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N.Y. chemicals were to be resold on Internet, police say

  • Story Highlights
  • Potassium nitrate, other chemicals, intended to be sold in small quantities
  • Potassium nitrate used in gunpowder but also has many legitimate uses
  • No major laws broken or terror-related activities, man cooperating
  • Area round his Staten Island home was cordoned off
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NEW YORK (CNN) -- A man who stored nearly 1,500 pounds of potassium nitrate and other chemicals in his Staten Island home and a nearby storage facility was charged with reckless endangerment Friday, according to the New York City Police Department.

Police said Miguel Serrano, 57, had bought the chemicals in bulk from an Ohio-based dealer and was intending to resell them in smaller quantities on the Internet. It was the dealer who tipped off the Bureau of Alcohol, Tobacco, Firearms and Explosives after Serrano had ordered 5,000 pounds of potassium nitrate, according to a police report.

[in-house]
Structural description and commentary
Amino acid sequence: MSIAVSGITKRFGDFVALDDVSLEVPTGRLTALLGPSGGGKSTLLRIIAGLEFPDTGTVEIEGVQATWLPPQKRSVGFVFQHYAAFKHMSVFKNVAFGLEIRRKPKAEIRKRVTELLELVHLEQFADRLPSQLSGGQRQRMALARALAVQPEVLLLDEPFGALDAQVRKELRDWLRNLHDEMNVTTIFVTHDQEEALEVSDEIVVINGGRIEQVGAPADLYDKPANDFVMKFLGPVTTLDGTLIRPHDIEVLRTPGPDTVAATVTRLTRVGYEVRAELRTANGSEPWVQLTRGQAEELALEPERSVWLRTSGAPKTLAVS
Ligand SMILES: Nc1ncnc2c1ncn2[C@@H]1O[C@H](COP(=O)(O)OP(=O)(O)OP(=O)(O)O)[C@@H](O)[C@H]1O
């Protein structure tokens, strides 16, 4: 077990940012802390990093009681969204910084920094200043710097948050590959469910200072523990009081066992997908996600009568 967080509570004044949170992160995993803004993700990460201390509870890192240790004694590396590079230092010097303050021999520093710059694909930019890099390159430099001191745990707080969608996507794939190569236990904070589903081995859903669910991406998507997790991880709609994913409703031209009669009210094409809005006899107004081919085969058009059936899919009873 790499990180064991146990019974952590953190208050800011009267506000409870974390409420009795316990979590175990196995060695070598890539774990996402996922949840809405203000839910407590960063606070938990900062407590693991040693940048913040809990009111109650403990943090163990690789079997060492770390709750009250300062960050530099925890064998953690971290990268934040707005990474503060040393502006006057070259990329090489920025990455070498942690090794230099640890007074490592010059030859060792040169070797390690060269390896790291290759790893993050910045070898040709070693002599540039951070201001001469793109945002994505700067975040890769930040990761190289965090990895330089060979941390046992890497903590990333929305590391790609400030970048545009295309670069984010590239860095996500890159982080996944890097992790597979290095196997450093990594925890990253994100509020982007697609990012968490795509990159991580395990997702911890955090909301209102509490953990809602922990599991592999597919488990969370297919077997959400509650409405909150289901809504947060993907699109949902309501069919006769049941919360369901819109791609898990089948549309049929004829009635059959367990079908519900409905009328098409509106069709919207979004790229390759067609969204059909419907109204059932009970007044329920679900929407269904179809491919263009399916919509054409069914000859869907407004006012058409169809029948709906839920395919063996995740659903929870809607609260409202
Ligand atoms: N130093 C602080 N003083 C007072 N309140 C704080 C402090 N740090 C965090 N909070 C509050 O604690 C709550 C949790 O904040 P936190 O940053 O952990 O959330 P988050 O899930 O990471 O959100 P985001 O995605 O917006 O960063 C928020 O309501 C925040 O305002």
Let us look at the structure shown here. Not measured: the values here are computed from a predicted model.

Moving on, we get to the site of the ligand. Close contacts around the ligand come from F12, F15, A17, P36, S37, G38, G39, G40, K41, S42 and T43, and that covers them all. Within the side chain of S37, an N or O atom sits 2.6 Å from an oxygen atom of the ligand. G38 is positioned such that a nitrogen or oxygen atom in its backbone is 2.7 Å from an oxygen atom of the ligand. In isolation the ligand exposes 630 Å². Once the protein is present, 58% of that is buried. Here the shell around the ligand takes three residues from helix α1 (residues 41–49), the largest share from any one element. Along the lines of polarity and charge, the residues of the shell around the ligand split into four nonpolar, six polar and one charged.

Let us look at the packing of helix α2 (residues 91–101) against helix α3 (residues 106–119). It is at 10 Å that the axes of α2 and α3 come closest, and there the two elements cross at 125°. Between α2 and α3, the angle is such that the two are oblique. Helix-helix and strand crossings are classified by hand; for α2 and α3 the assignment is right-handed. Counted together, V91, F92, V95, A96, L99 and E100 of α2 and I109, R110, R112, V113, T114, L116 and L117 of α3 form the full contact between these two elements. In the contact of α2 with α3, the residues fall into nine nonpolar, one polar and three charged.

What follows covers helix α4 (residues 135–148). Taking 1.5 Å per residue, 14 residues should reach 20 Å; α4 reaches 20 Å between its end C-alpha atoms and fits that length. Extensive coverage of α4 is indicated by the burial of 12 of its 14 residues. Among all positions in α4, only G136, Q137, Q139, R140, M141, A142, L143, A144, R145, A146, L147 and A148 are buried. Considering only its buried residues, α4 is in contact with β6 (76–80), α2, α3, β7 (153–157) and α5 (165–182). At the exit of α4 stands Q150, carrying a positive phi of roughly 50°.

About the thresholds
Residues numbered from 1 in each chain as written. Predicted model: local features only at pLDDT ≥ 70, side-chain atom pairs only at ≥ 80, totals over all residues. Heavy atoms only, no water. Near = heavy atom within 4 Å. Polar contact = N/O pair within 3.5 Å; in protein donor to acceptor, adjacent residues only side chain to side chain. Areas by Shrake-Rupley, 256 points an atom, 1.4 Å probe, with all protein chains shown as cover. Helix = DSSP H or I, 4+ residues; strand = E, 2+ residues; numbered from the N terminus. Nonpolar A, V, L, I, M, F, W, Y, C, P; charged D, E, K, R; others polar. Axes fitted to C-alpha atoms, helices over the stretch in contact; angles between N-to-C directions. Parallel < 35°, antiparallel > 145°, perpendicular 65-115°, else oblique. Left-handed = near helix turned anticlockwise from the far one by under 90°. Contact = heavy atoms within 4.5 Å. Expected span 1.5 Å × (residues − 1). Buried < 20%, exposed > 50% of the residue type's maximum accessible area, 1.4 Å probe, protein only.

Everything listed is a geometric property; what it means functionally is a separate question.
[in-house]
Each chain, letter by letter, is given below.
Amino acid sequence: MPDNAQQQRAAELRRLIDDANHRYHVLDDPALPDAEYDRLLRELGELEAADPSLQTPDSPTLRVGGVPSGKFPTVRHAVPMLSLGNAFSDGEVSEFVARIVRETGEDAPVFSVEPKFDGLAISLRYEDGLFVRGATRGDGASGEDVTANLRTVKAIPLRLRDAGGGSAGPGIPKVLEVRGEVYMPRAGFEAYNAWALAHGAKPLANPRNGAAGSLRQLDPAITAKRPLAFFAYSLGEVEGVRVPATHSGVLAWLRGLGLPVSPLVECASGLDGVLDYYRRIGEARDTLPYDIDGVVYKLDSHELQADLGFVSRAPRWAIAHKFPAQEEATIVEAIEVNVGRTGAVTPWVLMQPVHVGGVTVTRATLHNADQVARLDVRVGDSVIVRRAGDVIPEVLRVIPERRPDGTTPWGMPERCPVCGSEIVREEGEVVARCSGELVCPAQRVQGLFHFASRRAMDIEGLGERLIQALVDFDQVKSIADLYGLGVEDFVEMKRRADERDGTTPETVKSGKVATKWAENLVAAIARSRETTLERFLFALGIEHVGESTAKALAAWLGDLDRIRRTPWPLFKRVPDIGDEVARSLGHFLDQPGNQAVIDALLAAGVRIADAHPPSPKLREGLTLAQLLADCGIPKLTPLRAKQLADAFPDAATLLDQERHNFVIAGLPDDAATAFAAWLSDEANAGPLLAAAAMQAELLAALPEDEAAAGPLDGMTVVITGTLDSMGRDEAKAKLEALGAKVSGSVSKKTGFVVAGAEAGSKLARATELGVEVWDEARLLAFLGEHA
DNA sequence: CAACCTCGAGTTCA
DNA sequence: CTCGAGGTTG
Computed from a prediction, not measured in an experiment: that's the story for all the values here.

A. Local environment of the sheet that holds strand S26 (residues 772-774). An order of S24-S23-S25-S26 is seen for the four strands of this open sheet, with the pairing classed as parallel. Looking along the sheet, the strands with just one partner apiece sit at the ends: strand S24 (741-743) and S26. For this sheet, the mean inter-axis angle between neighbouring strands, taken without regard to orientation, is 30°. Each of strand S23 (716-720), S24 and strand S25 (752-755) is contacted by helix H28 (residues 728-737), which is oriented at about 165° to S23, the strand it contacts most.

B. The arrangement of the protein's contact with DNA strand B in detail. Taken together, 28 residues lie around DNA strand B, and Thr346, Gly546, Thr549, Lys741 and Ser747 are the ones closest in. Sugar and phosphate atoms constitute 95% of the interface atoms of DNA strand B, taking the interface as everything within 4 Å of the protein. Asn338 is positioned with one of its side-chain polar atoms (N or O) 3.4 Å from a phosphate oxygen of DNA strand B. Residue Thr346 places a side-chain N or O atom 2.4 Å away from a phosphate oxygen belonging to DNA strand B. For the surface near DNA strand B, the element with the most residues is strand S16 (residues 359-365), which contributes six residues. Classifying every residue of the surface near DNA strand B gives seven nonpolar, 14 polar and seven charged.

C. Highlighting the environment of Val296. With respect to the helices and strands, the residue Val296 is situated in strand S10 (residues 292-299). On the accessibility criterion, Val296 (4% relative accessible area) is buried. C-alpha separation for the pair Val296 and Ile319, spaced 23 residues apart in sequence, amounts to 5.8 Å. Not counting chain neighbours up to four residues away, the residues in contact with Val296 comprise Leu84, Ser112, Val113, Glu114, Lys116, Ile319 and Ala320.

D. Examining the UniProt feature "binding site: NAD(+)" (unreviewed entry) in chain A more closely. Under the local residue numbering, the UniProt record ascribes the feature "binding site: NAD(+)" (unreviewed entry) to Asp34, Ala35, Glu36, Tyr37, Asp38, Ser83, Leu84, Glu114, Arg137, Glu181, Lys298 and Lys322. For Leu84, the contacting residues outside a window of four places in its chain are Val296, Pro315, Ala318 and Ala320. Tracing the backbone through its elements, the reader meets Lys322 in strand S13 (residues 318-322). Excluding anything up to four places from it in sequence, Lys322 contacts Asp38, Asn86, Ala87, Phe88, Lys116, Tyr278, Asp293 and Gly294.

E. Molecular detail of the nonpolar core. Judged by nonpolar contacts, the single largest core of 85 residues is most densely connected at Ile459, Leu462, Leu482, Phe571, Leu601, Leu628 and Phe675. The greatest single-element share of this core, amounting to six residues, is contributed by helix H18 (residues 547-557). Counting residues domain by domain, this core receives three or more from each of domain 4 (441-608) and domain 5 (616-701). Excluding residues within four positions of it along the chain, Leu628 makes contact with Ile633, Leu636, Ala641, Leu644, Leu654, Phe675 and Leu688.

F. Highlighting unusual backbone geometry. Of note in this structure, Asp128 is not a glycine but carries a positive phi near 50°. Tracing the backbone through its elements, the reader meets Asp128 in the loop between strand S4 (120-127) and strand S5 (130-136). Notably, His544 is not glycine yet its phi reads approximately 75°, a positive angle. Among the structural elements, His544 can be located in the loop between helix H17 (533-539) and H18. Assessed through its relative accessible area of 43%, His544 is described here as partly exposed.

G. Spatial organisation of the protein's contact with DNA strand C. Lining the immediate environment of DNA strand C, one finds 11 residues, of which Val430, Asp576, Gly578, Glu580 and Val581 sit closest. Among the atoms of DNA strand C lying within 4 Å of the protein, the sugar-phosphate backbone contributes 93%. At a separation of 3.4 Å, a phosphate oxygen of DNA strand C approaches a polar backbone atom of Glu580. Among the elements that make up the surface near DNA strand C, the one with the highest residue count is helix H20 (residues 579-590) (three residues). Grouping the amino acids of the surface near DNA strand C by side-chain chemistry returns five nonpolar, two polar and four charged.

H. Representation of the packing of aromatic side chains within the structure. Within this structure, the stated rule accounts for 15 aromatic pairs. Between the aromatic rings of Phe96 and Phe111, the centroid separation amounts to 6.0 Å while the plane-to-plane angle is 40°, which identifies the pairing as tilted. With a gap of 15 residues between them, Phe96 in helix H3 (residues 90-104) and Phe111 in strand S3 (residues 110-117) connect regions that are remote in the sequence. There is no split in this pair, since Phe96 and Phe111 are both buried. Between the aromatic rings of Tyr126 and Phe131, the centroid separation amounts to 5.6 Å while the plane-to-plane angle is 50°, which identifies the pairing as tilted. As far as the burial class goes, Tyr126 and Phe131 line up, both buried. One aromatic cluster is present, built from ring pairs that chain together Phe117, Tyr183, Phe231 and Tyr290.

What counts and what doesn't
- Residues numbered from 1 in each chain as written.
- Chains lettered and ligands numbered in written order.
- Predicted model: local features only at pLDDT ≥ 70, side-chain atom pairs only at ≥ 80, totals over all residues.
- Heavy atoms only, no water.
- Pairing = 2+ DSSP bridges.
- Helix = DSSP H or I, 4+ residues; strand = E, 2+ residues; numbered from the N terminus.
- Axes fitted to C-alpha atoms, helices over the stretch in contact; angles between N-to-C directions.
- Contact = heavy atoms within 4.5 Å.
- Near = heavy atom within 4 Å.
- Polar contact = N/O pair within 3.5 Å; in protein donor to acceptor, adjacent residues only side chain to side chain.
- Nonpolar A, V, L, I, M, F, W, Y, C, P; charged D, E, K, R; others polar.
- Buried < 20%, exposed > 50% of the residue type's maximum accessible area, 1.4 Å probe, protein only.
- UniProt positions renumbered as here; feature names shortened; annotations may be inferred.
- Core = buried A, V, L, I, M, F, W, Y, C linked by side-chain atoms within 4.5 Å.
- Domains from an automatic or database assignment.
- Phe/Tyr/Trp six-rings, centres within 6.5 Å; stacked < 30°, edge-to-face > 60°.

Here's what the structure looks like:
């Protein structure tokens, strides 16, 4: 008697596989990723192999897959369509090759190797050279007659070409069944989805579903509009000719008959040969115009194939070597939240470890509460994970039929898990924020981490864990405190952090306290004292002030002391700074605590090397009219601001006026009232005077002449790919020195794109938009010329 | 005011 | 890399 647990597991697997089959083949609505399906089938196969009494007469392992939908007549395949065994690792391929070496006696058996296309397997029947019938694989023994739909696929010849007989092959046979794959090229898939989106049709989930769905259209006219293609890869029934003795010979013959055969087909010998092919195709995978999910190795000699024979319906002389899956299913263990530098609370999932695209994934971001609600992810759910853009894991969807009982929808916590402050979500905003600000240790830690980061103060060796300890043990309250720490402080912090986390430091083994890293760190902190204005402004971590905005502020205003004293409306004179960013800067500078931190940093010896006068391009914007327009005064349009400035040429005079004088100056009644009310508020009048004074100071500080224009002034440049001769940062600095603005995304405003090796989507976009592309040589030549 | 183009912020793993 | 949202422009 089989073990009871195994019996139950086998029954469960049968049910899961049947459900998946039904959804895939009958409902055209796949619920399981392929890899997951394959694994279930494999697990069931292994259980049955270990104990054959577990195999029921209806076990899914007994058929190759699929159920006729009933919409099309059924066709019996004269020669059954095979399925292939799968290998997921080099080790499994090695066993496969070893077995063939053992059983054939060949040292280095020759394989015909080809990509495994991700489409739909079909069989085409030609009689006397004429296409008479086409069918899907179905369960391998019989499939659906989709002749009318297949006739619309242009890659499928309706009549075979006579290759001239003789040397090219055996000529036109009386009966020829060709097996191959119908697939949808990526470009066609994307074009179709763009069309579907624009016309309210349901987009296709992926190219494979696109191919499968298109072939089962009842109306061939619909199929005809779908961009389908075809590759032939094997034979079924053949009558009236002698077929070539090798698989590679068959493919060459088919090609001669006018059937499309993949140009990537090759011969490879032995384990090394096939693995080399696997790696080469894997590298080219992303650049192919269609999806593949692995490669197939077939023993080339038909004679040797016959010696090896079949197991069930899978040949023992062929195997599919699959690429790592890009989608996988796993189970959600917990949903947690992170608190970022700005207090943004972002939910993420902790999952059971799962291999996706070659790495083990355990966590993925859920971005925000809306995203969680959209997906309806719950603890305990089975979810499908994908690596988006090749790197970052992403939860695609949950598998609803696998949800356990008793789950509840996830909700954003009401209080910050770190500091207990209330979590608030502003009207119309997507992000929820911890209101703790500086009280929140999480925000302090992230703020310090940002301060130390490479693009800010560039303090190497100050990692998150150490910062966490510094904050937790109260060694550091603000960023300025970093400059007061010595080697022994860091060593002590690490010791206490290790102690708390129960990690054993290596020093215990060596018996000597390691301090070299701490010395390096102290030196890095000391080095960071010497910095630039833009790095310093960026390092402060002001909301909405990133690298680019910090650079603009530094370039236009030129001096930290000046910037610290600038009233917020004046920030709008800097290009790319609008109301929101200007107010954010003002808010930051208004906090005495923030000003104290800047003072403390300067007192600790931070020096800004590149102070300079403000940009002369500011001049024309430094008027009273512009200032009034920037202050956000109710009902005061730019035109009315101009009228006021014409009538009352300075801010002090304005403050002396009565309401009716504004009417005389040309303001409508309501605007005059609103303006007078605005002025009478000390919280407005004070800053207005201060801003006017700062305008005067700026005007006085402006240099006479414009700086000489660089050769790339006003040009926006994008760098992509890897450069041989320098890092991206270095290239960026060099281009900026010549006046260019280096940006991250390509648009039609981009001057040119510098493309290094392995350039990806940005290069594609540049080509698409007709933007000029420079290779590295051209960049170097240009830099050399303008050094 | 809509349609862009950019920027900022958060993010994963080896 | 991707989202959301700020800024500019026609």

According to New York Police Sgt. Kevin Hayes, authorities found less than a thousand pounds of chemicals in the home, including potassium nitrate, sulfur, mercury, and peroxide. At the off-site storage facility, authorities found about 1,500 pounds of chemicals, mainly potassium nitrate.

Late Thursday night, several residential blocks were cordoned off and a few dozen homes were evacuated in Staten Island as police searched Serrano's home and a nearby commercial storage facility.

The NYPD's Paul Brown said there is no indication the chemicals were being used for bomb-making or anything terror-related. According to Brown, the man was buying the chemicals in bulk and reselling them on the Internet.

Potassium nitrate can be used to make gunpowder and rocket fuel or to clean septic tanks. It can also be used to cure meats.

Police said Serrano has been cooperating with investigators.

ATF officials said no violations of federal explosives laws were discovered, but added that chemical-storage rules may have been violated.

Small quantities of hydrogen peroxide, potassium permanganate, elemental mercury, iodine, sulfur, ammonium dichromate, and aluminum powder were also recovered during the raid, police said. E-mail to a friend E-mail to a friend

All About Bureau of Alcohol, Tobacco, Firearms and Explosives

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